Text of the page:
Hello everyone I am making a code to take a binary code and then embed it within the first row of a picture. Then with that another function takes it out of the picture and converts it into decimal. The problem is that I am pretty sure I did it the way my teacher explained to convert and I did it by hand to see if the program was any different...it was not...by hand and the program got 22 166 54 54 246 ...but that doesn't see to make sense... I want to know if my math in the code and by hand is wrong or just my understanding of converting...Thanks

also aside from the problem...I am open for advice on improving my code.

 * This program codes a message and then decodes it
 * @author Troyle Thomas
 * @version 8/20/10
import java.awt.*;
class Message
    public void encodeMessage(Picture earth, int [] messageArray)
        Pixel pixelTarget = new Pixel(earth,0,0);
        Pixel [] pixelArray = earth.getPixels();
        Color pixelColor = null;
        int redValue = 0;
        System.out.println(" ");
        System.out.println("Binary Code");

        for(int x = 0; x < messageArray.length; x++)
            redValue = messageArray[x];  //takes message and assigns to redvalue one by one
            pixelTarget = pixelArray[x]; 
            System.out.print(messageArray[x] + " ");
        System.out.println(" ");
        pixelTarget = pixelArray[messageArray.length];
    public void decodeMessage(Picture earth, int [] messageArray)
       Pixel pointPixel = new Pixel(earth,0,0);
       Pixel [] pixelList = earth.getPixels();
       int [] messageBin = new int[messageArray.length];
       int [] rawAscii = new int[messageArray.length];
       int q = 0;
       System.out.println(" ");
       for(int a = 0; a < messageArray.length; a++)
            pointPixel = pixelList[a];
            messageBin[a] = pointPixel.getRed();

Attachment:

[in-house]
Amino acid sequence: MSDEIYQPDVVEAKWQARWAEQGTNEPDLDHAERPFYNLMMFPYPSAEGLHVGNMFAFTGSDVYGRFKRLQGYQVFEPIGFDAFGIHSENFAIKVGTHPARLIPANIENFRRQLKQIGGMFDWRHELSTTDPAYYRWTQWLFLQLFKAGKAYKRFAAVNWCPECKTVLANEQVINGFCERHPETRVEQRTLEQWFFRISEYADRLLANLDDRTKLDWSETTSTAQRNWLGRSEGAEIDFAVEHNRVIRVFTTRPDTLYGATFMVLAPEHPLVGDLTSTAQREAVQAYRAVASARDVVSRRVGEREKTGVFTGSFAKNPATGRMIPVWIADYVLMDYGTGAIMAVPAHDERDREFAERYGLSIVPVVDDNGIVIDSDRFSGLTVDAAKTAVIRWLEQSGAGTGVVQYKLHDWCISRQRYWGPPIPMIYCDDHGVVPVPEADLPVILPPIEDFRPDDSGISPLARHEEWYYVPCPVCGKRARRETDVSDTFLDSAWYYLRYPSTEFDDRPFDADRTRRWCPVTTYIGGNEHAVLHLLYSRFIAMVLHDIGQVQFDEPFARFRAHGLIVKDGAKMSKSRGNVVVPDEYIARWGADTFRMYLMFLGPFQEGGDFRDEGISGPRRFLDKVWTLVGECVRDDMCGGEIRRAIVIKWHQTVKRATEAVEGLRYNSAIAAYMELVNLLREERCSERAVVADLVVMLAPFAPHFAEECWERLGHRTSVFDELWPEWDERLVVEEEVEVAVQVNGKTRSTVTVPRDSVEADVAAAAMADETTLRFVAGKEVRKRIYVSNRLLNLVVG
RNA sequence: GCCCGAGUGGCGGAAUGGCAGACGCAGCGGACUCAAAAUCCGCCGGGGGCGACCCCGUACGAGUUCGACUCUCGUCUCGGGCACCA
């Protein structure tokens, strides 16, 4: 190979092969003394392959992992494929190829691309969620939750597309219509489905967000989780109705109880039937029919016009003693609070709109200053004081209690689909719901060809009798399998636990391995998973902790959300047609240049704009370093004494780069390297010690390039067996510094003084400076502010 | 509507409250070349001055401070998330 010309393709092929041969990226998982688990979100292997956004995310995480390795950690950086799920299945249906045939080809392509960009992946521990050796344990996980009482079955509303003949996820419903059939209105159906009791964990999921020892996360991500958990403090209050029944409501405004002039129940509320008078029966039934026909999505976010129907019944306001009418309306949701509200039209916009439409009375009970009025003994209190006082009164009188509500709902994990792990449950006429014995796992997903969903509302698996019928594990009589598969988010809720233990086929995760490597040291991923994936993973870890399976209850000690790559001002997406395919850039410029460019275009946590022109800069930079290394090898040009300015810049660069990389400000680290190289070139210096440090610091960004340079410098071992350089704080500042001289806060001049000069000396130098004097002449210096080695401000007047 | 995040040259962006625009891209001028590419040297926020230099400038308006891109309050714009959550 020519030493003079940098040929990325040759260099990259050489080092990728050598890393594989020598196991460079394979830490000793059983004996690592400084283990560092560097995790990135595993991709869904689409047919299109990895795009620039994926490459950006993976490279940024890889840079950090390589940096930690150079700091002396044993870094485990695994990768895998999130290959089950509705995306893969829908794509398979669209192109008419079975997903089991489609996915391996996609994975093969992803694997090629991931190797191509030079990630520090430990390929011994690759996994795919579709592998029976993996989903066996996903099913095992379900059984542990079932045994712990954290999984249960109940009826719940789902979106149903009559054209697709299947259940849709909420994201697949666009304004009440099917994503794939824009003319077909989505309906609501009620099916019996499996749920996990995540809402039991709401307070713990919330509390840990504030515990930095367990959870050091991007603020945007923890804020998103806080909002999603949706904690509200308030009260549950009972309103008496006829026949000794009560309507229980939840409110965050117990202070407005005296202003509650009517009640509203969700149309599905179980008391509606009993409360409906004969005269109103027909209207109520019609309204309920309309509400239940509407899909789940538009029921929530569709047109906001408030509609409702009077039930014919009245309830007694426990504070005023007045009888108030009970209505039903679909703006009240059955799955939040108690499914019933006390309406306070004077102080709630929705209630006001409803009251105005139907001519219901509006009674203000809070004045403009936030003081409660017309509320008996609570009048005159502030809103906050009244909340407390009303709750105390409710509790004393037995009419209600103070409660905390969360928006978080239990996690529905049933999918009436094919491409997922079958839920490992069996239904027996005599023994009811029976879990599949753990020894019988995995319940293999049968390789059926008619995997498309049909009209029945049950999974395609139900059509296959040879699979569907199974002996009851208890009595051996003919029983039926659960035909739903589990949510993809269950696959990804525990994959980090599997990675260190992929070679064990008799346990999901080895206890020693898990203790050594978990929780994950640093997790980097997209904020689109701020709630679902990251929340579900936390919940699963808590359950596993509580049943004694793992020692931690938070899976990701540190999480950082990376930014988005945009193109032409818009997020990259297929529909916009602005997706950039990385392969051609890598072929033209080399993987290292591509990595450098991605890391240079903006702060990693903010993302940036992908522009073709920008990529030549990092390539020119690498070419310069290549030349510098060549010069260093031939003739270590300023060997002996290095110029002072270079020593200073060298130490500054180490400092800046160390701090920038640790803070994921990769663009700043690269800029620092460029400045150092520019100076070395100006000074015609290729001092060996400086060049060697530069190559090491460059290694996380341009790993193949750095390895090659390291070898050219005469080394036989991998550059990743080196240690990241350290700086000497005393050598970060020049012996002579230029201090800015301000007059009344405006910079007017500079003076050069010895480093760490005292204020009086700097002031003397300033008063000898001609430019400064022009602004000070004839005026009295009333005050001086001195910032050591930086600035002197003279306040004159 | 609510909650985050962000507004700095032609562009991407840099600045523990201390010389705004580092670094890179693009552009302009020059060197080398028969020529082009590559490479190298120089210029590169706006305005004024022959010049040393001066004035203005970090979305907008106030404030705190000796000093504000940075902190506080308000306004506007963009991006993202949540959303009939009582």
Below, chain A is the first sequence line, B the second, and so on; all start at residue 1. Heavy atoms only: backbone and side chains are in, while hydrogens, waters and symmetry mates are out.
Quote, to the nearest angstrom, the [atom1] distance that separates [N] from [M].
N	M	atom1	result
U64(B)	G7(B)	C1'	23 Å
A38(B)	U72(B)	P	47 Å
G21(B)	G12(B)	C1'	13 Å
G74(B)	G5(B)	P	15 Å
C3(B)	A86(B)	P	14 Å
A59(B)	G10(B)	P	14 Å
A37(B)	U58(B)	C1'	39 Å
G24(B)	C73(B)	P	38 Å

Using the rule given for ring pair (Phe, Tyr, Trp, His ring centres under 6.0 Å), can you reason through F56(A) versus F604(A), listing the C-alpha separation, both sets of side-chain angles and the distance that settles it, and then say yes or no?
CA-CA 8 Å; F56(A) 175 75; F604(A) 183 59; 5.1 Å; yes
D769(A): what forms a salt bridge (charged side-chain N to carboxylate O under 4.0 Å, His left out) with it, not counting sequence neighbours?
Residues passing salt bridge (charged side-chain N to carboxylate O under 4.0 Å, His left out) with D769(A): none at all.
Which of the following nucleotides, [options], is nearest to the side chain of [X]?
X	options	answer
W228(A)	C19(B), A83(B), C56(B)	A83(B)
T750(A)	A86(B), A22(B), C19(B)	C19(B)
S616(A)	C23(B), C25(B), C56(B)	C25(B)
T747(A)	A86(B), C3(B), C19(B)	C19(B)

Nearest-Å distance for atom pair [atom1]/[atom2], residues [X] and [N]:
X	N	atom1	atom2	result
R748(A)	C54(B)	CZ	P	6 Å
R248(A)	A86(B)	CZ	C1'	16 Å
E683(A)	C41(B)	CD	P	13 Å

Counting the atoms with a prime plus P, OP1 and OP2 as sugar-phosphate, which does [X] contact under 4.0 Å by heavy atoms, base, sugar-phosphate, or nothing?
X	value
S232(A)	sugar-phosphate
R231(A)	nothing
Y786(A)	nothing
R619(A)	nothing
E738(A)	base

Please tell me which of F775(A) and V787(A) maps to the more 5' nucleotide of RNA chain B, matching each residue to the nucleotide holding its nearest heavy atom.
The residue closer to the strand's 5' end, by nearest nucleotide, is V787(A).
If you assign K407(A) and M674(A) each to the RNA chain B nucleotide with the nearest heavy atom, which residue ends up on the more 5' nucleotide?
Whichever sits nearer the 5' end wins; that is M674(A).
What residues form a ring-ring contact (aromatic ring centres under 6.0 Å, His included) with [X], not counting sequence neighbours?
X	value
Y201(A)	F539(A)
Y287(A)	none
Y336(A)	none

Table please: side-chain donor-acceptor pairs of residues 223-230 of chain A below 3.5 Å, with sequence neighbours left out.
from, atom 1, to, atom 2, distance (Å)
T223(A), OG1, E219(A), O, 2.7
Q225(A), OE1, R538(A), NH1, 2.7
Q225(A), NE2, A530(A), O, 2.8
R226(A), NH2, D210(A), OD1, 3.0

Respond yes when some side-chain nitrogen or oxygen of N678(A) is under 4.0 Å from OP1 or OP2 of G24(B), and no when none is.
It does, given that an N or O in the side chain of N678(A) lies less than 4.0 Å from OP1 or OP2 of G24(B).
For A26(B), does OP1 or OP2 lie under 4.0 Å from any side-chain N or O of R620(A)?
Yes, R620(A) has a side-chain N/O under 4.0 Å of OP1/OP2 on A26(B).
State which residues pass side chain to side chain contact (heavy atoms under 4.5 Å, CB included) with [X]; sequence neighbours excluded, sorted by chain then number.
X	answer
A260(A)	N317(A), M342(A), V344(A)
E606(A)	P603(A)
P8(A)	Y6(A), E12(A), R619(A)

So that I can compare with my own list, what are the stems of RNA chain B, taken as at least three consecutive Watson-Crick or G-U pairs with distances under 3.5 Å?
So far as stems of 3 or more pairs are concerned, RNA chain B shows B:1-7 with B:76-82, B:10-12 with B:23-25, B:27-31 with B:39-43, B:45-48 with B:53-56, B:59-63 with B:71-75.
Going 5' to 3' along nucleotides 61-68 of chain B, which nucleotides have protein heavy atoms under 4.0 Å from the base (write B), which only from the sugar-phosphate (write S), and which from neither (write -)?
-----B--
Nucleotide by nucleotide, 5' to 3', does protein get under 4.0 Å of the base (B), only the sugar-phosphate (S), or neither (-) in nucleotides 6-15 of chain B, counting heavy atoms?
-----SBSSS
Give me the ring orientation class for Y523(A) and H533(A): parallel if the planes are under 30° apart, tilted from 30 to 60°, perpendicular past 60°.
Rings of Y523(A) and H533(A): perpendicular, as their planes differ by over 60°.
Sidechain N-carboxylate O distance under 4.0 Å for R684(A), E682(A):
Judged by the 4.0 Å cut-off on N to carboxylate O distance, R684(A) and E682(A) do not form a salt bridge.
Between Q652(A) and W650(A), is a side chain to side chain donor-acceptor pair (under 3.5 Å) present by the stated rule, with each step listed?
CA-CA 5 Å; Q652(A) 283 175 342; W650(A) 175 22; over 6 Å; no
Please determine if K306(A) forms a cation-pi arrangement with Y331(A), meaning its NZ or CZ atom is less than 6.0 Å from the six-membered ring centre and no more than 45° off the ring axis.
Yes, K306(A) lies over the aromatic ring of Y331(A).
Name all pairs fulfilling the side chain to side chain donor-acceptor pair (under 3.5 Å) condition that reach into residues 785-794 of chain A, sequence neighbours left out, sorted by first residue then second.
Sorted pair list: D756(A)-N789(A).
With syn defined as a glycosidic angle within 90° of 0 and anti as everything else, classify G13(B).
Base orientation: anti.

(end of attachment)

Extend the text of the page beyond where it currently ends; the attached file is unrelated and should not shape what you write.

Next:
if(q == 8)
                q = 0;
            rawAscii[a] = messageBin[a] * (int)(Math.pow(2.0,(double)(q)));
       int [] asciiSymbol = new int[rawAscii.length/8];
       int add = 0;
       for (int b = 0; b < rawAscii.length/8; b++)
           asciiSymbol[b] = rawAscii[0 + add] + rawAscii[1 + add] + rawAscii[2 + add] + rawAscii[3 + add] + rawAscii[4 + add] + rawAscii[5 + add] + rawAscii[6 + add] + rawAscii[7 + add];
           add = add + 8; 
           System.out.print(asciiSymbol[b] + " "); 
public class HideMessageTester
    public static void main(String[] args)
        //int[] messageArray = {0,1,1,0,0,0,1,0,0,1,1,0,1,0,0,1,0,1,1,0,1,1,1,0,0,1,1,0,0,0,0,1,0,1,1,1,0,0,1,0,0,1,1,1,1,0,0,1};
        int[] messageArray = {0,1,1,0,1,0,0,0,0,1,1,0,0,1,0,1,0,1,1,0,1,1,0,0,0,1,1,0,1,1,0,0,0,1,1,0,1,1,1,1};
        Picture earth = new Picture("Earth.bmp");
        Message hid = new Message();
        hid.encodeMessage(earth, messageArray);
        hid.decodeMessage(earth, messageArray);
6 Years
Discussion Span
Last Post by NormR1

I want to know if my math in the code and by hand is wrong

Can you explain what your algorithm is and what you are trying to do?

The title for this thread is Binary to Decimal.
What format is used to represent these values?
Are they both Strings?
Everything in the computer is binary. You can look at the same byte or groups of bytes as either binary, decimal, float, character, machine instruction and others depending on what software/hardware is using the values.